- Bringle, Making Meaning
- Project Pericles, Deliberative Dialogue Discussion Resources
Source: 1 Ash et al. 2005. Integrating Reflection and Assessment to Capture and Improve Student Learning. Michigan Journal of Community Service Learning. 11:2. http://hdl.handle.net/2027/spo.3239521.0011.204
Determining Appropriate Scope for ACE Projects
The pace of the ten-week term is often difficult to align with the timing and priorities of our community partners. CCCE staff can support faculty in working with community partners to establish projects that:
1) are informed by community interests and priorities,
2) align with course learning objectives and student skill and knowledge levels, and
3) have clear and achievable outcomes that are understood by the students and the partners.
Often, students in ACE courses are building on or contributing to longer-term projects and work with our partners. A goal of the CCCE is to strategically connect multiple ACE courses to community partner priorities, leveraging the assets of different academic disciplines to both contribute to and learn with the partners over time.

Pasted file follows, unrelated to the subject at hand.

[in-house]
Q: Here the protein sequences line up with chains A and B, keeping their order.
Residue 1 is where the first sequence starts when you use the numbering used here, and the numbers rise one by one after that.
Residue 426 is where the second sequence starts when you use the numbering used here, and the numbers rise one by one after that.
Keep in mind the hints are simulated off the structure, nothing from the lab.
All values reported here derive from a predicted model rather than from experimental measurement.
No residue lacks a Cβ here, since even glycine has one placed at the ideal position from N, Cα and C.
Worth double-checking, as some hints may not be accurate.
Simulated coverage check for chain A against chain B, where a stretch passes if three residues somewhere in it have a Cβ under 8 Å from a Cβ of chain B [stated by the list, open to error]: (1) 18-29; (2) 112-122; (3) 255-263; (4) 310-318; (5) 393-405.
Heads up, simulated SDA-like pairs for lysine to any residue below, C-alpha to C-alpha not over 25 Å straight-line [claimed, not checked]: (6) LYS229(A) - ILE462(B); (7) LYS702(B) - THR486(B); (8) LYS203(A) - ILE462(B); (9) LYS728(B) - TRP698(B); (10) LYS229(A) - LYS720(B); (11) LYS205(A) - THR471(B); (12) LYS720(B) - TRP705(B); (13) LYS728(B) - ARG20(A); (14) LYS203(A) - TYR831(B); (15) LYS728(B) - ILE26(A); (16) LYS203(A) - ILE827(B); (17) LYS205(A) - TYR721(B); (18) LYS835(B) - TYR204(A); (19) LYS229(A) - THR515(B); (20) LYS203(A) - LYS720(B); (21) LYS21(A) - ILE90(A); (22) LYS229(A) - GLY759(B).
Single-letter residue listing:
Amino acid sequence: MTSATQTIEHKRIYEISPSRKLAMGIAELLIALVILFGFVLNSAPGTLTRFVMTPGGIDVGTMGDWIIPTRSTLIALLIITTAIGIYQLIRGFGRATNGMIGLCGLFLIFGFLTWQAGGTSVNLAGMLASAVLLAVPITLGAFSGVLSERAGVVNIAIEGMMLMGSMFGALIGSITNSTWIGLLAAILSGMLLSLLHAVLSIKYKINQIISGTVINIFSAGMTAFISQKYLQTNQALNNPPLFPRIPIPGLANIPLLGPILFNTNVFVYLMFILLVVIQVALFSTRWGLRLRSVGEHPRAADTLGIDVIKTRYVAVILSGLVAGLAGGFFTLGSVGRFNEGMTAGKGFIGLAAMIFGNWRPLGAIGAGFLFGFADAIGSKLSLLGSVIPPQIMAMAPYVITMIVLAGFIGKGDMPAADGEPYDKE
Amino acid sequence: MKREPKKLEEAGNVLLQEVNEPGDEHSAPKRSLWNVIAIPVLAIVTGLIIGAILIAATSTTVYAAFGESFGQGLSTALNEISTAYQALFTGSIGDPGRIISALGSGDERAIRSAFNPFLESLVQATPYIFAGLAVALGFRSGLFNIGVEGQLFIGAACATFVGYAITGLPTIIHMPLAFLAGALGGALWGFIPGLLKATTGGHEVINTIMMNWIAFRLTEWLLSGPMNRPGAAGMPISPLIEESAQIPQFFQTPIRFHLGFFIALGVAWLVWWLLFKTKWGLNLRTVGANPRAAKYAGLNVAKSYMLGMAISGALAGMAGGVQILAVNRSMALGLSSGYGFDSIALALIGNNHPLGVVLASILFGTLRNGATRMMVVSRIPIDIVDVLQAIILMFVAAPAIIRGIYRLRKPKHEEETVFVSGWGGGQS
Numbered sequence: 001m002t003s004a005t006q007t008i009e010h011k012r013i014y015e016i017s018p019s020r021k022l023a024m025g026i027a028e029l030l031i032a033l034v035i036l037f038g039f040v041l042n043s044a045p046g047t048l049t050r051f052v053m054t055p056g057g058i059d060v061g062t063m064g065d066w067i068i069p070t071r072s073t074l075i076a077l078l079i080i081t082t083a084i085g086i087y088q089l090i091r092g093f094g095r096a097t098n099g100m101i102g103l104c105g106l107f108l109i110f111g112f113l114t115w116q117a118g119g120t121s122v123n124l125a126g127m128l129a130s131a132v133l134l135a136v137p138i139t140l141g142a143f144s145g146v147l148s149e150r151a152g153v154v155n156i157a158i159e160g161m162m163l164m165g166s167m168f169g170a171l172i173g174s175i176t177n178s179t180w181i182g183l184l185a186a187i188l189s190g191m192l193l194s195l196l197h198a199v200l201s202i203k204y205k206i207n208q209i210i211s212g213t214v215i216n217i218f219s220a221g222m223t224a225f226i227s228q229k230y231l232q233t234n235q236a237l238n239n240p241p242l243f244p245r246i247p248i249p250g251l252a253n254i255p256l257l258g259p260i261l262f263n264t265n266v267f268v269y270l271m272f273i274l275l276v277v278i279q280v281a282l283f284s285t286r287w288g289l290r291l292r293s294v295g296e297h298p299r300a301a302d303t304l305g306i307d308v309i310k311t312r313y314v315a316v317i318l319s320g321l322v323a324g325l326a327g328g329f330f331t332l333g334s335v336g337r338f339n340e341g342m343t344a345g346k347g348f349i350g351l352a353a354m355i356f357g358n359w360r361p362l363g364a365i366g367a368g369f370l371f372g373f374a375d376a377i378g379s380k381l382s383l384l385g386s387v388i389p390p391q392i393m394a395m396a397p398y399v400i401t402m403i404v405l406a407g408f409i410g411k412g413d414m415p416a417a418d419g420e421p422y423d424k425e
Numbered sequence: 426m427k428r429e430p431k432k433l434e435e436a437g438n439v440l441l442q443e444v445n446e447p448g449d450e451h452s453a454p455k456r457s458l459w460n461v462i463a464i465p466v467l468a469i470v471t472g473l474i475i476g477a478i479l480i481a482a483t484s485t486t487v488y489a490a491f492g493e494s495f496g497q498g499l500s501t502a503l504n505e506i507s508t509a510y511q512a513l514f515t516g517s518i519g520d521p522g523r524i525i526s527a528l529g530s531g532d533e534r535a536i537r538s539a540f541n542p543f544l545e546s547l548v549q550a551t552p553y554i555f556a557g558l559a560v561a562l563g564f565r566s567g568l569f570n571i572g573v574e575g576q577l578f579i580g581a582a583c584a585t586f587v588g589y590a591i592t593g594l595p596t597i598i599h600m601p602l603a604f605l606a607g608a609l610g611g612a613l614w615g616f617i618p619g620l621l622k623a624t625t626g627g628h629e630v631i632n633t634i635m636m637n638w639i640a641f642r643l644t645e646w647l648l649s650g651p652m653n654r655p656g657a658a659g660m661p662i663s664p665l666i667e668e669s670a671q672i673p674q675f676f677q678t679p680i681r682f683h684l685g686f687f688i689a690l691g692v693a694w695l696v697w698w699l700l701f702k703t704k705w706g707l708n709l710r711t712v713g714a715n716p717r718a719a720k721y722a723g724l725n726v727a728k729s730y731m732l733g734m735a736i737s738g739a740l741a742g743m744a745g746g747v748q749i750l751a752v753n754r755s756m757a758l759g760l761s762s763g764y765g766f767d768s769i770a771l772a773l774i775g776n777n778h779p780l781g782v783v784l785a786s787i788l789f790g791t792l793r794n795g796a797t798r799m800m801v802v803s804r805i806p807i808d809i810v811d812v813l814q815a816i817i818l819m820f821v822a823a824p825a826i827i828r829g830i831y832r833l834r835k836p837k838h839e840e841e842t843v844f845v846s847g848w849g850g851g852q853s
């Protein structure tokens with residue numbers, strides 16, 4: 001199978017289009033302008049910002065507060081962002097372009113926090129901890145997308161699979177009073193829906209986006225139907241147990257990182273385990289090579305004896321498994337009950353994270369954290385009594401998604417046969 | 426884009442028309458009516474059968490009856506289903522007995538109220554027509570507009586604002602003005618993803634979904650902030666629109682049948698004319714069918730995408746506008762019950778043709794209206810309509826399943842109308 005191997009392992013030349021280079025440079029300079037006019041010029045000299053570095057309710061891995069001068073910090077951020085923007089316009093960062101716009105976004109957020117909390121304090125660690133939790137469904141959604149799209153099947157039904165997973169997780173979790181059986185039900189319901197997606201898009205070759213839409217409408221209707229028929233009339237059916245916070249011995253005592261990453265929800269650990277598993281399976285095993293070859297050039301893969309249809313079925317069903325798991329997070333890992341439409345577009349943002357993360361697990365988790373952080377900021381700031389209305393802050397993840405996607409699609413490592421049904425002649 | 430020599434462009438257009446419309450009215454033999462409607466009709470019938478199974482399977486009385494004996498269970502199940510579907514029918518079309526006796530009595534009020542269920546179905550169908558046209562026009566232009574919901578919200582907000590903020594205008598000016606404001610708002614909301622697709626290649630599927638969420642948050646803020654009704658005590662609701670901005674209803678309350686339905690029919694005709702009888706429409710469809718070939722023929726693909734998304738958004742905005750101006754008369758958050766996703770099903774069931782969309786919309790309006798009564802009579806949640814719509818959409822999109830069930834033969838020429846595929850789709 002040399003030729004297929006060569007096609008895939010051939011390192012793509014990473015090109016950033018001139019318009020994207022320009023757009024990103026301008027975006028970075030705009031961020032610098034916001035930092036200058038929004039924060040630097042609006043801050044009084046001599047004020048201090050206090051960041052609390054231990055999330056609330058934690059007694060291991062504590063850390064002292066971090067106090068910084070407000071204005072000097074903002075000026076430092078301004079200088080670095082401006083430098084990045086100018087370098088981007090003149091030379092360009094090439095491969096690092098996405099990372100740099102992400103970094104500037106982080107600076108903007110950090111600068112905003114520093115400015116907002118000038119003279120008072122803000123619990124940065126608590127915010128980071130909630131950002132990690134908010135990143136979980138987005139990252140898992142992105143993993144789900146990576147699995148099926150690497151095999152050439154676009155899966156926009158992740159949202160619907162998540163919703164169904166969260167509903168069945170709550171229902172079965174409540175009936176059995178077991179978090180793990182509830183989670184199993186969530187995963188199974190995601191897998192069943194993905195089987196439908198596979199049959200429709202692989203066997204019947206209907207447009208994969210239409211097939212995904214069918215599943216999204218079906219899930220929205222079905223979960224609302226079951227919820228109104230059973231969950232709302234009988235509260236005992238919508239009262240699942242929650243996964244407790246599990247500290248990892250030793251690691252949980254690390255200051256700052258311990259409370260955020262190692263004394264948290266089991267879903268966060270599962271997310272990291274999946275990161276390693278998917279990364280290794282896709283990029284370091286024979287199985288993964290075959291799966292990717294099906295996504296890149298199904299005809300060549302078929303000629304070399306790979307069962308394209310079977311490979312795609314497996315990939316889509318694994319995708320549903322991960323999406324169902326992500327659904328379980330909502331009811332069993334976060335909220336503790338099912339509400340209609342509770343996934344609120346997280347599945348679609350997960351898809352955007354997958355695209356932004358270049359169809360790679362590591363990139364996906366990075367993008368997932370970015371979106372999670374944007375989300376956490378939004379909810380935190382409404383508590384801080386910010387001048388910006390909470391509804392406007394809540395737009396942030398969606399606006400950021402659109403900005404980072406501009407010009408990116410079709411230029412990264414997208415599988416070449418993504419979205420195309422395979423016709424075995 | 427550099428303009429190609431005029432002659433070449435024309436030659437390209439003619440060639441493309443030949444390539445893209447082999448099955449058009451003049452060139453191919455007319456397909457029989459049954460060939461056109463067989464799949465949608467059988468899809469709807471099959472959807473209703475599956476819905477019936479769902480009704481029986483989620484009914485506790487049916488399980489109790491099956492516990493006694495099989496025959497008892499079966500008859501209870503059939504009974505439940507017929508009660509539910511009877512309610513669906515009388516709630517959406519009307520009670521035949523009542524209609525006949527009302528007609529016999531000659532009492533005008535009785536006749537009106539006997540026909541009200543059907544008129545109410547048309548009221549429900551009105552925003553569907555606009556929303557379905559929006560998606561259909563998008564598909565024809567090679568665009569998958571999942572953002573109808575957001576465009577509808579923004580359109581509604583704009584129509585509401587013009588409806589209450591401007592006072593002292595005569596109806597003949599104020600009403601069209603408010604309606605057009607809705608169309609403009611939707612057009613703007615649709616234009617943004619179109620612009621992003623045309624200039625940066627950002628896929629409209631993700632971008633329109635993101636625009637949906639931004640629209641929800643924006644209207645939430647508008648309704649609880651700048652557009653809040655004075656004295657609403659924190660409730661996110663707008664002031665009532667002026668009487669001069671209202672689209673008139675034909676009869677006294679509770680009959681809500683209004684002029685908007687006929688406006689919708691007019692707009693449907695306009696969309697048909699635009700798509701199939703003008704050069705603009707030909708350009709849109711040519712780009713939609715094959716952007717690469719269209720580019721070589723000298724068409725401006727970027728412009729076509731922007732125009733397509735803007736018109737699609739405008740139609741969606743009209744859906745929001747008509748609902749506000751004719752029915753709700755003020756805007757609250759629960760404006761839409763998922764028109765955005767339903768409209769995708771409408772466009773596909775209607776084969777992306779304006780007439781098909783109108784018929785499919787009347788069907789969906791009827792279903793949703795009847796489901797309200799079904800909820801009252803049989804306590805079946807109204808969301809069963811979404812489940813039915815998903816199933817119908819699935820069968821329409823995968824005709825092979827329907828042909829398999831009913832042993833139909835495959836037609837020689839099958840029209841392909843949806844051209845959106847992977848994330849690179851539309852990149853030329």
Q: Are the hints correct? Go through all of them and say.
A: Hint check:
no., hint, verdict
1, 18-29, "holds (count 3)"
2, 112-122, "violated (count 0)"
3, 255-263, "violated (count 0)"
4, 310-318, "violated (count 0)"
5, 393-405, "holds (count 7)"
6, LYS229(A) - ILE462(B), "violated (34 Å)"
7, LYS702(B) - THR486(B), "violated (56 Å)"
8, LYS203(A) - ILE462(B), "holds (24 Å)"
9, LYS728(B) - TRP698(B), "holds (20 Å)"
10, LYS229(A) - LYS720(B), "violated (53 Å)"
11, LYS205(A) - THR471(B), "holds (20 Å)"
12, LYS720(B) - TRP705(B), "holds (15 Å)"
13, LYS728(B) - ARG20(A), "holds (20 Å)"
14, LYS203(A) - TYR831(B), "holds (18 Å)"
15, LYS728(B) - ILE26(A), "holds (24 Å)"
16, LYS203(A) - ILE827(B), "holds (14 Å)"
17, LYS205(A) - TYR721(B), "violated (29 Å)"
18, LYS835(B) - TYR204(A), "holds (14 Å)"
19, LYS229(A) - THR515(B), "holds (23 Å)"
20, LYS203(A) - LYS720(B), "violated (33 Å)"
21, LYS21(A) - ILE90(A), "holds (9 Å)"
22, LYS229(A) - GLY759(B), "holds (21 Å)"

Working with Community Partners
Community Partnership Agreements
Several versions of the Carleton Community Partnership Agreement are available. These agreements can be helpful for establishing roles and expectations in campus-community partnerships. CCCE staff can help you figure out if a Community Partnership Agreement makes sense for your ACE course, as well as which version may work best with your partner.
Community Partner Matchmaking
The CCCE Associate Director can help you connect and build relationships with community partners who do work relevant to your course. For Rice County partners, this matchmaking is often done in collaboration with the CCCE Assistant Director for Community Impact to align with the work of Carleton’s rich co-curricular partnerships with local organizations and groups. If you are hoping to establish a new ACE partnership, it is good to start working on this with CCCE staff at least one term ahead of when your ACE course is scheduled.
Resources for Ethical Community Engagement: